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What is the carbohydrate content of popcorn?

Popcorn is a popular snack that is made from the dried kernels of a particular variety of corn. Dried corn kernels can be made into popcorn in a variety of ways. They can be cooked in a small amount of oil on the stovetop, air popped in the microwave or popped in a dedicated popcorn machine. 

When prepared simply, popcorn is a nutritious and satisfying snack. Plain popcorn is low in kilojoules and high in fibre, which makes it more satiating than other common snacks such as potato chips or rice crackers. It’s also a good source of whole grains and low GI carbohydrates, meaning it’s digested slowly and keeps you feeling fuller for longer. Popcorn is also packed with essential vitamins and minerals.

What are the different types of popcorn?

Popcorn can be enjoyed in many different ways – plain air-popped popcorn, home-cooked popcorn with oil and salt, commercial microwave popcorn or movie theatre popcorn. While plain popcorn without any additions is the most nutritious option, other varieties can still be a healthier option compared to other popular snacks like potato chips. 

Air popped popcorn
This is by far the best way to consume popcorn. Without anything extra added, it’s a great snack and offers a good source of fibre and other essential vitamins and minerals.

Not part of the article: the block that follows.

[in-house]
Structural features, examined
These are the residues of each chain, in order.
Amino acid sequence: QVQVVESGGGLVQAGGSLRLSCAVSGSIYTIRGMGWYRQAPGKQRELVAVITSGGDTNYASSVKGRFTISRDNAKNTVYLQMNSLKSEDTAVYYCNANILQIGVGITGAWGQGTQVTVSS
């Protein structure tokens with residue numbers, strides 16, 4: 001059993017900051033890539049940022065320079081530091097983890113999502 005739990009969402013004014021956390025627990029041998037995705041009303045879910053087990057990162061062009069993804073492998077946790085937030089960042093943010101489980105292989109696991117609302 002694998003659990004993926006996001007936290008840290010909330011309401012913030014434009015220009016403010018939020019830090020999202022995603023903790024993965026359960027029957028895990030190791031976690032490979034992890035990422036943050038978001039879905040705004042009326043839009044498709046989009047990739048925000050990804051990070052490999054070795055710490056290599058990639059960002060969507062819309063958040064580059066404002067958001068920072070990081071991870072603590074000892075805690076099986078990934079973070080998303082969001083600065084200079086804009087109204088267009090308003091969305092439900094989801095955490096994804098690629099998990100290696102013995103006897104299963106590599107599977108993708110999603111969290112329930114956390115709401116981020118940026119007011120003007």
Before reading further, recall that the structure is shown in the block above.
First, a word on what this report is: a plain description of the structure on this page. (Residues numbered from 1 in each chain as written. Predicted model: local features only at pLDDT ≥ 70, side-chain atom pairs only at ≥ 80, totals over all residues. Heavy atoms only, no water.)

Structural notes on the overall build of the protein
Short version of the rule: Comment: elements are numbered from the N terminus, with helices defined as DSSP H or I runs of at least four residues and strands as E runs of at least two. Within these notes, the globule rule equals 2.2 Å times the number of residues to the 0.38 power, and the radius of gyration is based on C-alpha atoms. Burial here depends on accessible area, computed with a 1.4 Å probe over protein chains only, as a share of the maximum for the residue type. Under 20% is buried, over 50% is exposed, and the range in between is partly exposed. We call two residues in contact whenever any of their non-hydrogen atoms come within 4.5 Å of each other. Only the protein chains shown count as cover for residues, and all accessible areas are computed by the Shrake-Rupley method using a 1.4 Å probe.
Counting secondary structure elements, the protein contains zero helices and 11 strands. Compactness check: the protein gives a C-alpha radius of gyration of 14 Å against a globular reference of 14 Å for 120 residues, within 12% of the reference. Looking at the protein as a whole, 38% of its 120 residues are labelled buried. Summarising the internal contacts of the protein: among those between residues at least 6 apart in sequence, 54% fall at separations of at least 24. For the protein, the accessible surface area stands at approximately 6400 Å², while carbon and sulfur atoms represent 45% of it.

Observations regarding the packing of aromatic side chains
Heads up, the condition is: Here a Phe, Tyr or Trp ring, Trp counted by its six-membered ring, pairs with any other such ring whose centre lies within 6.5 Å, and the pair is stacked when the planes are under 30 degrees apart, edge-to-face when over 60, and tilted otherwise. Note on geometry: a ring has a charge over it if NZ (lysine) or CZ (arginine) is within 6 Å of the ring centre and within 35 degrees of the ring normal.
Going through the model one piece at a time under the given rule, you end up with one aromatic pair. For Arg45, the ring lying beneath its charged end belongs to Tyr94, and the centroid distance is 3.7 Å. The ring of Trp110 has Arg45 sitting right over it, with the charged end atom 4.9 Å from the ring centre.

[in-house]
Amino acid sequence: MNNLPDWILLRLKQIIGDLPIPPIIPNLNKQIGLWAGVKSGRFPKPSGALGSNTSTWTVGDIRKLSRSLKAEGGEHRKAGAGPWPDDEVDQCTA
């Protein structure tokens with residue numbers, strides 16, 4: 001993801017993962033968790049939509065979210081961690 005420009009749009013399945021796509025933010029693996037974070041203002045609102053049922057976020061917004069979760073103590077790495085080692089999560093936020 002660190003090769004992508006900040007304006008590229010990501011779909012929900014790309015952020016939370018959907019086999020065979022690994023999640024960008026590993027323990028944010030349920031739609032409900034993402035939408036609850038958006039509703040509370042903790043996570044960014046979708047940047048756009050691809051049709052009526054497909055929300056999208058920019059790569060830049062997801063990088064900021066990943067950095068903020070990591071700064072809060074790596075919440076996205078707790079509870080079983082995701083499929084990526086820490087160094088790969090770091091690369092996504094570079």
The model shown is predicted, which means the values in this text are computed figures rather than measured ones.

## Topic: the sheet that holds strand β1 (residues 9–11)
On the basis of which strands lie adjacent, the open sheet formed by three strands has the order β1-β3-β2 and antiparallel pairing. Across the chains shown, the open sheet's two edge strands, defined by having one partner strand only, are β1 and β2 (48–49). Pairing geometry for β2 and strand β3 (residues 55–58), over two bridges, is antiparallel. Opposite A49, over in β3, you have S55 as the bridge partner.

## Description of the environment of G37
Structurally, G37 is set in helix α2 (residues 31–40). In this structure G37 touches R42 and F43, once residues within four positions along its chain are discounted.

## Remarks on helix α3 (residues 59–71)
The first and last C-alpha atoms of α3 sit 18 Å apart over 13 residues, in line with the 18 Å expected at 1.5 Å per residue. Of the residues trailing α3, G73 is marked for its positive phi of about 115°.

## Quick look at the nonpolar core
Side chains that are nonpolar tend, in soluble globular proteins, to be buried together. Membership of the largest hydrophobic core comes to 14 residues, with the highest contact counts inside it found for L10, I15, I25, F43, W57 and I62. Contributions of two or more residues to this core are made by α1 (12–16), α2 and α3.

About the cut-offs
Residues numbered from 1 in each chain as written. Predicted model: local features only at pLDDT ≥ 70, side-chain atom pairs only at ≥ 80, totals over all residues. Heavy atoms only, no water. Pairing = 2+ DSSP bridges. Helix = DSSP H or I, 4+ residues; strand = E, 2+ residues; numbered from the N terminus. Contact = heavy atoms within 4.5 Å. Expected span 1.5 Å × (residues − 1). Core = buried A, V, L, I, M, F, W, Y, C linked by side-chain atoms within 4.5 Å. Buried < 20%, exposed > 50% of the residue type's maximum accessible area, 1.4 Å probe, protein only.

Home-cooked popcorn with oil and salt
This way of cooking popcorn adds extra flavour and mouth feel to the snack. 

Microwave popcorn (commercial)
Easy and quick to make, and a favourite for movie nights. Butter flavoured microwave popcorn is a popular snack sold in many supermarkets and stores

Movie theatre popcorn
Popular around the world, movie theatre popcorn is a snack enjoyed among movie goers old and young alike. This type of popcorn is similar to microwave popcorn in nutritional value. It is often one of the better options when choosing a snack at the movies.

Does popcorn contain sugar?

The way you choose to prepare your popcorn will greatly affect the nutritional value, as well as the sugar content. Natural air-popped popcorn with no additions doesn’t contain any sugar. Commercial varieties, including caramel coated popcorn, may have additional flavours and a higher sugar and kilojoule content. 

Below is a breakdown of the energy, carbohydrate, sugar and fibre totals of different types of popcorn. The values are per 100g of the food.


 Type Energy   Carbohydrates   Sugar   Fibre 
 Air popped popcorn, unsalted:  Energy 1600 kJ  Carbohydrates 77.9g  Sugar 0g  Fibre 15.1g
 Home-cooked with oil and salt:  Energy 2090 kJ  Carbohydrates 57.2g  

Sugar 0.54g


 Fibre 10g

Butter flavoured microwave or movie theatre popcorn: 


 Energy 2053 kJ  

Carbohydrates 49.6g



Sugar 0.6g



Fibre 8.8g



Caramel coated popcorn (US variety):



Energy 1800 kJ



Carbohydrates 79.1g



Sugar 53.2g



Fibre 5.2g




Agricultural Research Service, U.S. Department of Agriculture. FoodData Central.

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